AWS Glue security flaw that allowed attackers to access and manipulate data related to other AWS customer accounts has been fixed by Amazon Web Services (AWS). AWS Glue is a serverless cloud data integration tool that helps discover, prepare, and combine data for analytics, app development, and machine learning.
Security researchers at Orca Security were able to escalate privileges and access all service resources in the region, thanks to an exploited AWS Glue feature and an internal service API misconfiguration.
“During our research, we were able to identify a feature in AWS Glue that could be exploited to obtain credentials to a role within the AWS service’s own account, which provided us full access to the internal service API,” clarified Yanir Tsarimi, a Cloud Security Researcher at Orca Security.
Their team was able to further escalate privileges within the account by combining an internal misconfiguration in the Glue internal service API to the point where they had unrestricted access to all resources for the service in the area, including complete administrative privileges.
During their research, the researchers used solely Orca Security-owned AWS accounts and did not access information or data belonging to other AWS customers. While studying the flaw, the researchers took on roles in other AWS users’ accounts that were trusted by the Glue service (every account with Glue access has at least one such role).
They may also query and change AWS Glue service-related resources in an AWS region, such as metadata for Glue tasks, dev endpoints, workflows, crawlers, and triggers, among other things. Within hours of receiving Orca Security’s report, the AWS Glue service team replicated and validated the problem, and by the following day, the issue had been substantially fixed worldwide. They provided comprehensive mitigation for the Superglue issue in just a few days, stopping prospective attackers from gaining access to AWS Glue customers’ data.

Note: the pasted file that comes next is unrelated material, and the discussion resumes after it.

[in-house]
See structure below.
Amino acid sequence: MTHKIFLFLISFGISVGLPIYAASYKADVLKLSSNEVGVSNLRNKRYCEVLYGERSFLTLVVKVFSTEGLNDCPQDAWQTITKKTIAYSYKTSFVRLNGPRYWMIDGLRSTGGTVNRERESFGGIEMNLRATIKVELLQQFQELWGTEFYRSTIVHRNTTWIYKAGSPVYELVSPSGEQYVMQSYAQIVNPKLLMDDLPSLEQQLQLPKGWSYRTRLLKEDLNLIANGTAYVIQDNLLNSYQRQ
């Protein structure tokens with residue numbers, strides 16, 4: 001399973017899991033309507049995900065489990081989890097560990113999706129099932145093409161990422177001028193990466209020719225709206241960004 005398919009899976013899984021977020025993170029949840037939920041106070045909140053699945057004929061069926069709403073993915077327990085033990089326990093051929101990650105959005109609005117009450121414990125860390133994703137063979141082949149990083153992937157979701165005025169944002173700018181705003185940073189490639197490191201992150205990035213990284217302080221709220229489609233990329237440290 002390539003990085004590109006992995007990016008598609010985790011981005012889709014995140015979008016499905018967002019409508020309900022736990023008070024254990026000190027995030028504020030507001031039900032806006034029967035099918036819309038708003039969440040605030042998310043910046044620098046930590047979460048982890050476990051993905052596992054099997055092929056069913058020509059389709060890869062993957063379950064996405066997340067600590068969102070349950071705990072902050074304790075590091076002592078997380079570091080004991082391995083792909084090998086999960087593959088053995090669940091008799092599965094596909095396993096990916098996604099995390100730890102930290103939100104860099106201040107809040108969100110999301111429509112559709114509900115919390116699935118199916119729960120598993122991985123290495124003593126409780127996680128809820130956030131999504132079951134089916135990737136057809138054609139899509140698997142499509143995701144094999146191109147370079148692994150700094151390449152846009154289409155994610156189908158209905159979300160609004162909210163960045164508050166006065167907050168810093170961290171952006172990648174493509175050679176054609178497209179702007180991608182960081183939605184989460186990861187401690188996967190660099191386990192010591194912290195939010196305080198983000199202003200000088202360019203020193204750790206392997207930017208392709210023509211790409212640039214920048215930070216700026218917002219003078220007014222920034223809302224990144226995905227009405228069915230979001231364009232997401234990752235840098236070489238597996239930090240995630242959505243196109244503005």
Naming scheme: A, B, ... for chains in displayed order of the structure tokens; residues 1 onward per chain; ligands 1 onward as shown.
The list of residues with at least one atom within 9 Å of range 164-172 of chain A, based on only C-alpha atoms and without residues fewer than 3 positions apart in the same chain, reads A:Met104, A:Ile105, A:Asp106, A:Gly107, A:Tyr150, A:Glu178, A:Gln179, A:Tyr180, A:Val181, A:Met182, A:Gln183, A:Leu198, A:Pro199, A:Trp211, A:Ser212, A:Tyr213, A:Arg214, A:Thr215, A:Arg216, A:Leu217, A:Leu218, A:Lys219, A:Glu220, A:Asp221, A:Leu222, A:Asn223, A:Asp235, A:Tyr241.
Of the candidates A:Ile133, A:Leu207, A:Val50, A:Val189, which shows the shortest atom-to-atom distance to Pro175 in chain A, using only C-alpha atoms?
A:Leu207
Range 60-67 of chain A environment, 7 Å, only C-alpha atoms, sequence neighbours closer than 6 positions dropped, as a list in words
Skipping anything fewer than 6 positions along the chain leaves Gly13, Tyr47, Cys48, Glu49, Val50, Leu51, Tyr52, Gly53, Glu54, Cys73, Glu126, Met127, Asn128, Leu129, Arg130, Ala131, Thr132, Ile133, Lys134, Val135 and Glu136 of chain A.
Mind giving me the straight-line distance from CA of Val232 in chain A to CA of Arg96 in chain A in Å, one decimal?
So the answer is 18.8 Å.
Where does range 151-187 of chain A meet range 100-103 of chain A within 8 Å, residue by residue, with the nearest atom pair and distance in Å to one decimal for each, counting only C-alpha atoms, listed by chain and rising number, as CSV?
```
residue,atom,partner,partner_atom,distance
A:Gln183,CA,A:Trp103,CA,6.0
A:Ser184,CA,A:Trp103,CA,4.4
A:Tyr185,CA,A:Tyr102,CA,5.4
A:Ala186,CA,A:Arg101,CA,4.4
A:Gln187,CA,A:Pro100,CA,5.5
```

The Security Team of AWS has also corrected a second flaw in the AWS CloudFormation service discovered by Orca Security (dubbed BreakingFormation). According to the researchers, this XXE (XML External Entity) weakness resulted in file and credential exposure of internal AWS infrastructure services.
AWS VP Colm MacCárthaigh, however, refuted the security firm’s accusations, claiming that the BreakingFormation weakness could only have been leveraged to gain access to host-level credentials and that AWS CloudFormation hosts do not have access to all AWS accounts’ resources.
On January 13, an AWS spokesperson came up with the following update:
“We are aware of an issue related to AWS Glue ETL and AWS CloudFormation and can confirm that no AWS customer accounts or data were affected. Upon learning of this matter from Orca Security, we took immediate action to mitigate it within hours and have added additional controls to the services to prevent any recurrence.”